Revolutionary Deists: Early America's Rational Infidels
For some eighty-five years—between, roughly, 1725 and 1810—the American colonies were agitated by what can only be described as a revolutionary movement. This was not the well-known political revolution that culminated in the War of Independence, but a revolution in religious and ethical thought. Its proponents called their radical viewpoint "deism." They challenged Christian orthodoxy and instead endorsed a belief system that celebrated the power of human reason and saw nature as God’s handiwork and the only revelation of divine will. This illuminating discussion of American deism presents an overview of the main tenets of deism, showing how its influence rose swiftly and for a time became a highly controversial subject of debate in the colonies. The deists were students of the Enlightenment and took a keen interest in the scientific study of nature. They were thus critical of orthodox Christianity for its superstitious belief in miracles, persecution of dissent, and suppression of independent thought and expression. At the heart of his book are profiles of six "rational infidels," most of whom are quite familiar to Americans as founding fathers or colonial patriots: Benjamin Franklin (the ambivalent deist), Thomas Jefferson (a critic of Christian supernaturalism but an admirer of its ethics), Ethan Allen (the rough-edged "frontier deist"), Thomas Paine (the arch iconoclast and author of The Age of Reason), Elihu Palmer (the tireless crusader for deism and perhaps its most influential proponent), and Philip Freneau (a poet whose popular verses combined deism with early romanticism). This is a fascinating study of America’s first culture war, one that in many ways has continued to this day.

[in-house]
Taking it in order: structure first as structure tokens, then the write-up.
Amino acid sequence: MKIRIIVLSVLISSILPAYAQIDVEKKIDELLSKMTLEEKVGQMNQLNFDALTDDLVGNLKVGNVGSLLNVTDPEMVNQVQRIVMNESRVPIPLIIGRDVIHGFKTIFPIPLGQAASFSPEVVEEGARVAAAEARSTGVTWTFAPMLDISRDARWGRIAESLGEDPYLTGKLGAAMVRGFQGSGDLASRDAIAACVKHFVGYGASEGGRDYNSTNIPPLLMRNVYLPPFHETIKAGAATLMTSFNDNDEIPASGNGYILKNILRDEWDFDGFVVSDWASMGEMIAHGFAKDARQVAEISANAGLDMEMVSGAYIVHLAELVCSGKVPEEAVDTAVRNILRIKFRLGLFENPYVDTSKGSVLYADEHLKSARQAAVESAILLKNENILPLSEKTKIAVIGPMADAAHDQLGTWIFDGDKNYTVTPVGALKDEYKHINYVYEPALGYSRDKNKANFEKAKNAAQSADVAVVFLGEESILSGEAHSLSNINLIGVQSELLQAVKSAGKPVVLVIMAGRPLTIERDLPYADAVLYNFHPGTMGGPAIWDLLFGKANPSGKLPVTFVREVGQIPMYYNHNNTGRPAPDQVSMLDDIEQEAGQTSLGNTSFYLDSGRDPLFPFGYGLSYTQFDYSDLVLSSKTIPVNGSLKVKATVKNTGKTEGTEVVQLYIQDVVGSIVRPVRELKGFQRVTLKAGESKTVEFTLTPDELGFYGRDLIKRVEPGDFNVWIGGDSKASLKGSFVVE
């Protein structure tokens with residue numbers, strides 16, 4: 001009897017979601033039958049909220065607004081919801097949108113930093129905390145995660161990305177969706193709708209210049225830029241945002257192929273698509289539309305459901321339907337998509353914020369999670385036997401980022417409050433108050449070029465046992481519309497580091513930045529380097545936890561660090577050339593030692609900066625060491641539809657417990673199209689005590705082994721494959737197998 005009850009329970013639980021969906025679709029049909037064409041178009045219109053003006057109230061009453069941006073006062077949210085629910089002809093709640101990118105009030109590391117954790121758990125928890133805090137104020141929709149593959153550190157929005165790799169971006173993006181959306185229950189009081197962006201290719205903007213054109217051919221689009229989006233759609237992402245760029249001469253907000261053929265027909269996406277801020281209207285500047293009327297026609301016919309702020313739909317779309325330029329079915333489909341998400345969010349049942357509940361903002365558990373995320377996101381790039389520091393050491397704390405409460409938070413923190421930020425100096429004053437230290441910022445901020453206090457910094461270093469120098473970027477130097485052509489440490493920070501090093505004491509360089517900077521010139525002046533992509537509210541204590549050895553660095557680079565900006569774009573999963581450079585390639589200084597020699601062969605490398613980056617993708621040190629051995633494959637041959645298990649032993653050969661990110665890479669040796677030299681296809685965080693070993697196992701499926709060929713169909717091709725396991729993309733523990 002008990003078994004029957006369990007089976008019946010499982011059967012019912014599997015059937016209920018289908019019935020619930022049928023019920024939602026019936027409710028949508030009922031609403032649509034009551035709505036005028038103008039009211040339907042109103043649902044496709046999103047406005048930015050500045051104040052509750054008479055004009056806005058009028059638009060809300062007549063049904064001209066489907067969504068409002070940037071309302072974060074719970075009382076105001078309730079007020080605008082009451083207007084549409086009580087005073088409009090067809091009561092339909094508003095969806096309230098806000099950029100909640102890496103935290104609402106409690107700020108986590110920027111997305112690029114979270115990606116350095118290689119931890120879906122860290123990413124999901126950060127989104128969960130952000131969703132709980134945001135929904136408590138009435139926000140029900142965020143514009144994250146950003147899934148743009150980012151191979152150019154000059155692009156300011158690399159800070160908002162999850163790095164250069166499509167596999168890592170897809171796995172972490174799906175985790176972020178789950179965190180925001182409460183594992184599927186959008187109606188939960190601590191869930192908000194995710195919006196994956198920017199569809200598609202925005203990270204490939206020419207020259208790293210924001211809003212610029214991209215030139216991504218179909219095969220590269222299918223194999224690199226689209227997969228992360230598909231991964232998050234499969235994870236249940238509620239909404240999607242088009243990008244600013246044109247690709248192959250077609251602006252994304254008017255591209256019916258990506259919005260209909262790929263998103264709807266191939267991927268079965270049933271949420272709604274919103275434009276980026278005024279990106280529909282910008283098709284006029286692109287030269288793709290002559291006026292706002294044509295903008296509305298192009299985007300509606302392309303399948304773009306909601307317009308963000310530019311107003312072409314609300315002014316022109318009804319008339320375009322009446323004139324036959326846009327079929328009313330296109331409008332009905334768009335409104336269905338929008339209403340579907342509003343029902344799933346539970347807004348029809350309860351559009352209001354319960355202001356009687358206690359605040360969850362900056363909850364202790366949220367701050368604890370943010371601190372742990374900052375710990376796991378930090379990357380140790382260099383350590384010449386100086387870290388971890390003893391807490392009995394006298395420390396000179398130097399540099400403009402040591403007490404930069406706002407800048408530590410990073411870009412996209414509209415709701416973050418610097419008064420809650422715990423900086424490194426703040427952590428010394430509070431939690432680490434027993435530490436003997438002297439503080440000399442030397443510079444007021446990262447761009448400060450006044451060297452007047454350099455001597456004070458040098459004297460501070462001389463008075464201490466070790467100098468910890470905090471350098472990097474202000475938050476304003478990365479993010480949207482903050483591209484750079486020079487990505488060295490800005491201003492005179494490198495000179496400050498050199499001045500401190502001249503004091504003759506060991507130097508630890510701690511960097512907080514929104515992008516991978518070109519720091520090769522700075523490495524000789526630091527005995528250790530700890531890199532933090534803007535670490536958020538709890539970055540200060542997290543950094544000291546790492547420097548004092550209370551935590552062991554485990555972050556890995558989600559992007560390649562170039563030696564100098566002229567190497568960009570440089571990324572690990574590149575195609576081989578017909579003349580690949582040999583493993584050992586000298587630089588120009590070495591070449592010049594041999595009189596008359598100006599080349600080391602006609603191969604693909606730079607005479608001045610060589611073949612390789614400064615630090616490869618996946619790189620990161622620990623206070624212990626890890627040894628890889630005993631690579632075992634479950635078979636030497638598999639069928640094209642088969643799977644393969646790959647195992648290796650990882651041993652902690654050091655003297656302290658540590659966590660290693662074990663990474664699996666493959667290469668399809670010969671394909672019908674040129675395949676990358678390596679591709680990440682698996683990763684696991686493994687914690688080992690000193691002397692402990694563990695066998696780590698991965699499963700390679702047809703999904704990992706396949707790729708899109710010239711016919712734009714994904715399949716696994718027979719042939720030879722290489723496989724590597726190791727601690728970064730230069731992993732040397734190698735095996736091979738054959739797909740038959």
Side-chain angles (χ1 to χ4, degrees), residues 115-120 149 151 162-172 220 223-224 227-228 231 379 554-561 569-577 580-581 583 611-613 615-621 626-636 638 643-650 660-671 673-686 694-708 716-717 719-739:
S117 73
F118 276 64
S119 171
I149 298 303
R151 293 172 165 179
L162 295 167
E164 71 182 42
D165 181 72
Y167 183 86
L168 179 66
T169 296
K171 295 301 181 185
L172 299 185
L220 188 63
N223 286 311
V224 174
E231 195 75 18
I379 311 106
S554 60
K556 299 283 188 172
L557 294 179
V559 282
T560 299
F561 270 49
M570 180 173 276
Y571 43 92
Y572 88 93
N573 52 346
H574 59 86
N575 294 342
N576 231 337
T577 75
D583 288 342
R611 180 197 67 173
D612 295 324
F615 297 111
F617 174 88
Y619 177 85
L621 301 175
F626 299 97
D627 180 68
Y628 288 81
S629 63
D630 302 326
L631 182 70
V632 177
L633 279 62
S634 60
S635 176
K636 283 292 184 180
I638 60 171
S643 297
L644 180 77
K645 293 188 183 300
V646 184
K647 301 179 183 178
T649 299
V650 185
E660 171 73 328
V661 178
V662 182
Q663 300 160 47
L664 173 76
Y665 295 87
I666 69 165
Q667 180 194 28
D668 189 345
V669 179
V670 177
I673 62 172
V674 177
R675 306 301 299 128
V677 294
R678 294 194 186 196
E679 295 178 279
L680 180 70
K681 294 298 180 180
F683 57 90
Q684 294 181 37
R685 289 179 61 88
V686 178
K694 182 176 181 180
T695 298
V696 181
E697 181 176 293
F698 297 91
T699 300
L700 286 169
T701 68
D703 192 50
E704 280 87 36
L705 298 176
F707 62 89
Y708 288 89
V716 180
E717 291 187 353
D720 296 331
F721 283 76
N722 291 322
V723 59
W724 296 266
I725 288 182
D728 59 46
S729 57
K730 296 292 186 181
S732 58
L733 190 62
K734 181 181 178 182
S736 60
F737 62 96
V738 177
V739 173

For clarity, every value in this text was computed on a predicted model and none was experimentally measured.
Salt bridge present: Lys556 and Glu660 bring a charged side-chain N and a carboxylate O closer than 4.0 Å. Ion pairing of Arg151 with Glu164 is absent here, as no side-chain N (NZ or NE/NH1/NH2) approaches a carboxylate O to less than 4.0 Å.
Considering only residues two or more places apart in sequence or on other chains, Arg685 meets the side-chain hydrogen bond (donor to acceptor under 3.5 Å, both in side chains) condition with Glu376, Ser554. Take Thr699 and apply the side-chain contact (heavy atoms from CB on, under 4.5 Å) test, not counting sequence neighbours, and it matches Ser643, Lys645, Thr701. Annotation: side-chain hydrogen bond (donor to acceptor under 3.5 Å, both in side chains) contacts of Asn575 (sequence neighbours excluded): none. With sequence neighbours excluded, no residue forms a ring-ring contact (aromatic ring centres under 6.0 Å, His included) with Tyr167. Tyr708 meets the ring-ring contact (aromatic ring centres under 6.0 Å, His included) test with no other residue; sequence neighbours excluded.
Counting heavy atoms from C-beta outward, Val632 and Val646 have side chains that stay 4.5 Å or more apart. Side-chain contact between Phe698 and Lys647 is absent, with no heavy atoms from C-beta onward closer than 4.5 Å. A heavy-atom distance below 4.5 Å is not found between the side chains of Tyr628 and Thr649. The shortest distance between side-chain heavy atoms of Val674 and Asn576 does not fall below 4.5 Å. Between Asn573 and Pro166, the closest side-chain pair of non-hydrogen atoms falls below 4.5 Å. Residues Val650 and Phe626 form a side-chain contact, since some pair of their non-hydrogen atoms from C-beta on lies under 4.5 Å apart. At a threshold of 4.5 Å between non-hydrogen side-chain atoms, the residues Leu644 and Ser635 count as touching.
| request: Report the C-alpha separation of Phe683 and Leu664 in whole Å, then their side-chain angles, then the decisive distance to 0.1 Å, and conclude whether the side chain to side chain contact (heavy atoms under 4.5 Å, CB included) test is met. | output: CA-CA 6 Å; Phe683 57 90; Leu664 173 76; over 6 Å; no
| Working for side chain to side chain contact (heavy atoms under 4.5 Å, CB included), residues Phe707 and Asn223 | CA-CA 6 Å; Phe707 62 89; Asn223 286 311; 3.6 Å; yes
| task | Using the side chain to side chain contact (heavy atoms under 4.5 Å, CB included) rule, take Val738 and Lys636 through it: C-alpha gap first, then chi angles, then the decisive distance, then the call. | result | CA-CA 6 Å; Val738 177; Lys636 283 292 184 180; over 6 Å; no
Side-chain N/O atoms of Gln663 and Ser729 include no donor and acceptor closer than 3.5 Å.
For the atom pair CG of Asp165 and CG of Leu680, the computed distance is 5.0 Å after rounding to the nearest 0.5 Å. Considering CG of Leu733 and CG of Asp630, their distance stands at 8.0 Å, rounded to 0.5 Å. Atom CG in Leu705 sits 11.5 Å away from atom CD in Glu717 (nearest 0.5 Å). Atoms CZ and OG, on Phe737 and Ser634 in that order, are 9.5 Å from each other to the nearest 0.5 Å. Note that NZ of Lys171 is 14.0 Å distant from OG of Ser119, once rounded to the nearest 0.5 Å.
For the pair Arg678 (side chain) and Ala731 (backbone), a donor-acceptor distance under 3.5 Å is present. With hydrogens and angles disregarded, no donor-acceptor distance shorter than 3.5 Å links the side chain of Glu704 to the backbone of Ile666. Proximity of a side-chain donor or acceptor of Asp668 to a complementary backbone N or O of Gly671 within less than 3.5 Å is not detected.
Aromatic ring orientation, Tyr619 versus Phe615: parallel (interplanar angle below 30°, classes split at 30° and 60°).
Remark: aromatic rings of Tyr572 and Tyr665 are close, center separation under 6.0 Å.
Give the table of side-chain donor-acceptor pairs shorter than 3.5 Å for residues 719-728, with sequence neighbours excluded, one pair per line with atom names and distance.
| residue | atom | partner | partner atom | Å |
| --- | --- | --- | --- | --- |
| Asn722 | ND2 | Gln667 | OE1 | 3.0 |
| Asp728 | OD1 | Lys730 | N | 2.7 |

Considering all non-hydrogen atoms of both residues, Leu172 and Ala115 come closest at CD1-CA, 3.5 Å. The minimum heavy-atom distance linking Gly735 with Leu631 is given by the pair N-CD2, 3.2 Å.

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This book is very informative! Learning about the revolutionary Deists allows one to understand the thought patterns which helped create the USA. While at times the author seemed a fustian pedant; I ... Read full review
Good books about deism are very hard to find; in fact any books period about deism are hard to find, so this was a great discovery. Wanting to learn more about deism, I tried going to Thomas Paine's “Age of Reason, but found that to be too focused on criticizing Christianity rather than telling what deism is all about.
This wonderful work served my purposes very well. A good overview of deism in general, while also showing the the various variations of it in the forms of the major deistic figures. I found the book superbly readable and stimulating. It was very informative without being too high brow. The perfect thing to help me advance to the next level of my spiritual journey.